Saturday, May 05, 2007

Tabloid Noir: Samuel Fuller’s Films and Fiction

Part 1

“A film is like a battleground. There’s love, hate, action, violence and death. In one word: emotions.” Sam Fuller in Jean-Luc Godard’s Pierrot Le Fou.

Though best known for his violent, tabloid-oriented genre films- quickly-made, low-budget affairs that he often produced, directed and wrote himself- Samuel Fuller was also a proficient, if underrated, noir novelist. He penned at least six books, of which three- The Dark Page, aka Murder Makes a Deadline, Dead Pigeon on Beethoven Street and The Naked Kiss- are firmly in the tradition of pulp noir fiction. These were, for the most part, novelisations of his films; in effect, director’s cuts or films that Fuller would have made had he the freedom and resources to do so. He apparently wrote other novels as well, but did so under pseudonyms for various lending-library publishers, which means they have proved virtually untraceable.

A compulsive story-teller, and a throwback to individualist directors like “Wild Bill” Wellman and Budd Boetticher, Fuller moved from Poverty Row to the margins of mainstream studios and, finally, European companies. Flitting between film and fiction, Fuller, during the 1950s and 1960s, directed seventeen action-packed films. Along with Phil Karlson, he virtually invented the genre of tabloid-noir, a tradition that has all but disappeared in films (though early Spike Lee might once have been thought as an inheritor of Fuller’s headline-grabbing style), but is perhaps best kept alive in fiction through writers like James Ellroy and Andrew Vacchs. In connecting the tradition of pulp fiction with that of film noir, Fuller has influenced a generation of street-wise film-makers, from Jim Jarmusch to Quentin Tarantino.

Born in 1912 in Worcester, Massachusetts, Fuller grew up with ink running in his veins. Granted, in those days there was still an aura of romance surrounding the the newspaper business. So Fuller, as a boy, didn’t mind trekking to Park Row to pick up his papers and hawking them on the Brooklyn Bridge. He later celebrated that street and the early days of journalism in Park Row (1952), a film that painstakingly recreates the setting and the era, and which contains one of cinema’s most complex tracking shots, which not only changes speed and angles but integrates background and foreground, moving between history and hearsay, as the industry, at the end of the nineteenth century, prepares to be subsumed by acquisitive capitalists and their corporations.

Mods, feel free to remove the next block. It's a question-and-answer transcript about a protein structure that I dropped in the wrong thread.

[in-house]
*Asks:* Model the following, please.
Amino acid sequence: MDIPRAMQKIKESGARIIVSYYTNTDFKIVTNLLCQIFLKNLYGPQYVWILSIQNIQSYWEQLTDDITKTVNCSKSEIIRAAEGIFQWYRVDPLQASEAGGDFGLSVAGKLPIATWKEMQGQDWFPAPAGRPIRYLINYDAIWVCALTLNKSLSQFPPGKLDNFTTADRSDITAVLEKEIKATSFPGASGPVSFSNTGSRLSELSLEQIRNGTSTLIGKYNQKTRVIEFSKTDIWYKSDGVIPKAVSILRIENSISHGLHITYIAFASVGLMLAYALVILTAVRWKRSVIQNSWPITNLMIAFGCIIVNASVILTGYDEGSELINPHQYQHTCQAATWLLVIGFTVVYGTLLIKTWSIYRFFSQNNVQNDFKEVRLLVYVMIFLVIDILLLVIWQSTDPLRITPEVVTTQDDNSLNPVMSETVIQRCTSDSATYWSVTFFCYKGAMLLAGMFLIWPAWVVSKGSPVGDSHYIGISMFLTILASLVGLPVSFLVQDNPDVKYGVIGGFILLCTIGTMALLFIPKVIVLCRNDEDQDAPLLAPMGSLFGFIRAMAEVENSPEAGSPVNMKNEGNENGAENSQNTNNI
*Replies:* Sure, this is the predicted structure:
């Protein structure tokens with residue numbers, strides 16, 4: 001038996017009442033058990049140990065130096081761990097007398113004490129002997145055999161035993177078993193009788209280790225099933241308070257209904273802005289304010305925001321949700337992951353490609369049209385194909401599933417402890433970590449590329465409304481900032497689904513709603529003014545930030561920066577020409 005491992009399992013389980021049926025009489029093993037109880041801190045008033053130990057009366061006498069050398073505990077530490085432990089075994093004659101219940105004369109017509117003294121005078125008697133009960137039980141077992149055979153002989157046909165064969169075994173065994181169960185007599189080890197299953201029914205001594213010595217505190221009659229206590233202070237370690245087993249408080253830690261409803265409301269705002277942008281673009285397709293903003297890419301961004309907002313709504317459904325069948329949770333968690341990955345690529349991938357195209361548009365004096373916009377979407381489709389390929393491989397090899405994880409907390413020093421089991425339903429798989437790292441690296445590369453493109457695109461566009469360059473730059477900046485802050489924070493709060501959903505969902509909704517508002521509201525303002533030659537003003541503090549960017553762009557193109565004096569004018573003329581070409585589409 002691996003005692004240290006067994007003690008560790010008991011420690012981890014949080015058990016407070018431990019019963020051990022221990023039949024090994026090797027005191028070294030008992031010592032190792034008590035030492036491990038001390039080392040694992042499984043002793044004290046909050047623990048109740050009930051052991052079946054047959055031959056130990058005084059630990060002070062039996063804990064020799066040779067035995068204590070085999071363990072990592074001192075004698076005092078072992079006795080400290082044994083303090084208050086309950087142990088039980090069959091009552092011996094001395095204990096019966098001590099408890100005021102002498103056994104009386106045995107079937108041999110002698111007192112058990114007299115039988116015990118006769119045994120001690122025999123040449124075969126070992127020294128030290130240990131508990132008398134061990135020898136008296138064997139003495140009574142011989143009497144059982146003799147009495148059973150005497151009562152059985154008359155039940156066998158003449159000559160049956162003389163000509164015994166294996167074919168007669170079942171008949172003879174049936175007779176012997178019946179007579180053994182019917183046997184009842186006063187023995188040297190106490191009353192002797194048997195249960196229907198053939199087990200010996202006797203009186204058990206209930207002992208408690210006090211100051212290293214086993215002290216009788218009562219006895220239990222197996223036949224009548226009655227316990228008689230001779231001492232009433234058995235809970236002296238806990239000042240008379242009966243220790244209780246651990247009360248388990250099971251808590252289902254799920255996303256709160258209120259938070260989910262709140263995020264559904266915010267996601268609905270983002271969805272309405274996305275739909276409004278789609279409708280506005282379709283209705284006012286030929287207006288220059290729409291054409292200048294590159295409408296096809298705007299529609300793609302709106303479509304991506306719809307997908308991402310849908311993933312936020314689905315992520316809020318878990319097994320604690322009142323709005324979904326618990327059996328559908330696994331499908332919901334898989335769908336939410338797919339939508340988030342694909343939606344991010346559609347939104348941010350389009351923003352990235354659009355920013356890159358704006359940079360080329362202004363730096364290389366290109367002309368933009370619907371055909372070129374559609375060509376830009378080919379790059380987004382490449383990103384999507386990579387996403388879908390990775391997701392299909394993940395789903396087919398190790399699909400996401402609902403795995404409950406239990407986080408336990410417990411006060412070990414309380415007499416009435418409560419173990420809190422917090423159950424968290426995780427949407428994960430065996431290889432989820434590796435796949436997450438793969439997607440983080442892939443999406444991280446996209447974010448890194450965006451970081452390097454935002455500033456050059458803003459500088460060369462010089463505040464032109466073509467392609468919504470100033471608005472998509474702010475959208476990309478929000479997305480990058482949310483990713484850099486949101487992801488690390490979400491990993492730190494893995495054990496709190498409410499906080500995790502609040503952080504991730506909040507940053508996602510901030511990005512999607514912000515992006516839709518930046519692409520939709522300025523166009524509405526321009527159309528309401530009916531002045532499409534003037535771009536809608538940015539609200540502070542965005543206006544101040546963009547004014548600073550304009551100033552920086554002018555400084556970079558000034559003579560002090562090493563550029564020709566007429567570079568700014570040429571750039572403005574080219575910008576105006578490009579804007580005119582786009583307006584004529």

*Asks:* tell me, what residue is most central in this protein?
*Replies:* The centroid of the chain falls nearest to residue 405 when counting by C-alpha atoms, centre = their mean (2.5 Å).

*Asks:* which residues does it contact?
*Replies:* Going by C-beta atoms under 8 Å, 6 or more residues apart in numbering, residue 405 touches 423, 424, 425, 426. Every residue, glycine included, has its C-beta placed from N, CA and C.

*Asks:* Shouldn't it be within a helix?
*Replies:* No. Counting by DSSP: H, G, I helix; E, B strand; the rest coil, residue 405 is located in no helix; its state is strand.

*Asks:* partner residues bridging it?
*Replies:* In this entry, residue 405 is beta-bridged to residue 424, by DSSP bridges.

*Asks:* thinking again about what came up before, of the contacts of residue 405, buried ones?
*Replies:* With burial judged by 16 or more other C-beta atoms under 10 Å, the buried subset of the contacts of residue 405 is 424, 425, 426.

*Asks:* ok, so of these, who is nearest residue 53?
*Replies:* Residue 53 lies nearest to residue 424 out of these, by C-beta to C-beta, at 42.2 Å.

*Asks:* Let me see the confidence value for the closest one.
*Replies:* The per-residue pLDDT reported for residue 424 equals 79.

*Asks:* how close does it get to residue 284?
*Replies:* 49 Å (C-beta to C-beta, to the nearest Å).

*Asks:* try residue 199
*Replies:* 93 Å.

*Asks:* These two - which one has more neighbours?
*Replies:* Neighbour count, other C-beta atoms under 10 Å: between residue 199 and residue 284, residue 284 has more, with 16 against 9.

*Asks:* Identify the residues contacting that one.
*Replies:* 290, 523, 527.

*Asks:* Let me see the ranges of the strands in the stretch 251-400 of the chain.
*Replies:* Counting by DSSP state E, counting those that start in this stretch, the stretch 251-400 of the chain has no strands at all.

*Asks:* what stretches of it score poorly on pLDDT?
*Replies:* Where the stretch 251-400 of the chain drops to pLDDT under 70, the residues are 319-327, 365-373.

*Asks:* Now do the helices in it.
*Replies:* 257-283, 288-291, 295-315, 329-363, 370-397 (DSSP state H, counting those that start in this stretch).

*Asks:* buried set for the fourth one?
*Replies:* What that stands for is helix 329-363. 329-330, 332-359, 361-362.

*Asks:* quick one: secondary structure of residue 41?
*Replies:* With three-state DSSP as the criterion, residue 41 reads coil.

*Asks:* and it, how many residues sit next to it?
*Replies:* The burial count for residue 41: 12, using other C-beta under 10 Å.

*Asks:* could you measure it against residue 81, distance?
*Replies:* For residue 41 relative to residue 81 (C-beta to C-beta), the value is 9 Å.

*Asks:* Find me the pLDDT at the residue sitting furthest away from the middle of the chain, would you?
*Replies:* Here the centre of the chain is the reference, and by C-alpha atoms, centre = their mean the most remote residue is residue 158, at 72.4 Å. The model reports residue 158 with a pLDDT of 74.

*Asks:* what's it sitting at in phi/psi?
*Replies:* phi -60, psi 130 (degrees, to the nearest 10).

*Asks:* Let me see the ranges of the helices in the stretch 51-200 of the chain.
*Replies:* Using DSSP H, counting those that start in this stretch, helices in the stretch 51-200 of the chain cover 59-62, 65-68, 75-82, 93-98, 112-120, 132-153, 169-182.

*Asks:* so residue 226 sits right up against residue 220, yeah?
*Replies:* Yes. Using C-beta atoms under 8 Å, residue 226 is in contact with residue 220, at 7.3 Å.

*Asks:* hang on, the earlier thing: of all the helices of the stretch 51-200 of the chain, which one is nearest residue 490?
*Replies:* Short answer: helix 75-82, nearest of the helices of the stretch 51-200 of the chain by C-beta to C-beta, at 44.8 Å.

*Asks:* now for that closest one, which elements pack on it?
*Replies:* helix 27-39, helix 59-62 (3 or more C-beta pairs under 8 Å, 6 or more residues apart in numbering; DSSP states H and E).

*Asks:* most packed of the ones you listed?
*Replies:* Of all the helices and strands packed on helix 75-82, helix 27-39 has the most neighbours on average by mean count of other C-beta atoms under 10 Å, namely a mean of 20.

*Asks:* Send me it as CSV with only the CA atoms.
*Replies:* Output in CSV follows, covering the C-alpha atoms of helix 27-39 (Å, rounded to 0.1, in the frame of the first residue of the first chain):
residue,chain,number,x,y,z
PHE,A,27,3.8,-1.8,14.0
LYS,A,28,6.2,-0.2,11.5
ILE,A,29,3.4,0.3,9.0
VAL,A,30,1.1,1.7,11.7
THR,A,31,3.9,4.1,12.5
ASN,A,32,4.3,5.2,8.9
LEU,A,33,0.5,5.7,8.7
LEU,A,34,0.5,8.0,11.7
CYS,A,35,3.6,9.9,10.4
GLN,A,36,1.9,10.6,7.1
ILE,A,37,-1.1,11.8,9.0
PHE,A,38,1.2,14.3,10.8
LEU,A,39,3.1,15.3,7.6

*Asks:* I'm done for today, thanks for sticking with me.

After his father died, an eleven year old Sam landed a job as a copy boy at the New York Journal for $15 a week. By the time he was seventeen, Fuller, in the midst of the Depression, would still be working for the Journal, making $50 a week. At the time, most of young Sam’s salary went to his bohemian mother who, as well as raising seven young children, was carrying on a relationship with the notorious Greenwich Village poet Maxwell Bodenheim, who would be commemorated in Fuller’s film Shock Corridor. Not only did Fuller’s mother cavort with Bodenheim but she was known to invite visiting Bolshevik poets, whom she would meet and argue with from atop a Union Square soap-box, back to her apartment for a glass of wine or a meal.

Barely eighteen, Fuller became the police reporter for the New York Evening Graphic, which he described as “the finest newspaper I have ever known.” A veritable scandal sheet, the Graphic, during the roaring twenties, set out to imitate the New York Daily News, which is to say it specialised in sensational stories about sordid love, gangland crimes and murder. But it also attracted a number of quality journalists and future film people. Amongst those who worked alongside Fuller were Walter Winchell, Ed Sullivan, Mark Hellinger, Jerry Wald and John Huston. The Graphic also published several of Fuller’s cartoons. It was there that Fuller met and worked with John Huston’s mother, Rhea Jaure, one of the city’s most formidable crime reporters. Huston would later tease him, saying Fuller had spent more time with his mother than he, Huston, had.

In spite of Prohibition, a teenaged Fuller had already become a hard- drinking journalist, having entered his first speakeasy at the age of fifteen with Ring Lardner, Gene Fowler (Gene Fowler Jr. would become Fuller’s film editor on Run of the Arrow and Forty Guns) and Bill Farnsworth, all older and more knowledgeable concerning the ways of the world. Fuller’s first speakeasy was owned by Lew Walters, father of the well known media-journalist Barbara Walters, and, like the setting for an early gangster movie or Black Mask story, catered for reporters, publishers, stockbrokers, bootleggers, detectives and beautiful blondes.

It was while working at the Graphic that Fuller learned the art of constructing a good headline. He would later translate that knowledge to film-making, using in-your-face close-ups to serve a similar function. Never losing his passion for headlines, Fuller, in his films and his novels, was able to deliver his own cocktail of hard facts and creative exaggeration. In Adam Simon’s film about Fuller, The Typewriter, The Rifle and the Movie Camera, Fuller and actor-director Tim Robbins stroll through the Rodin Museum in Paris, stopping before Rodin’s sculpture of Balzac, whereupon Fuller launches into the hook of his never-to-be-realised film biography of the French writer, declaiming, “He was a scoundrel. He was a liar. He was a bullshit artist. He was a wrrrriterr!” Cut to a photograph of a more youthful Fuller standing beneath a Paris street sign that reads rue de Balzac.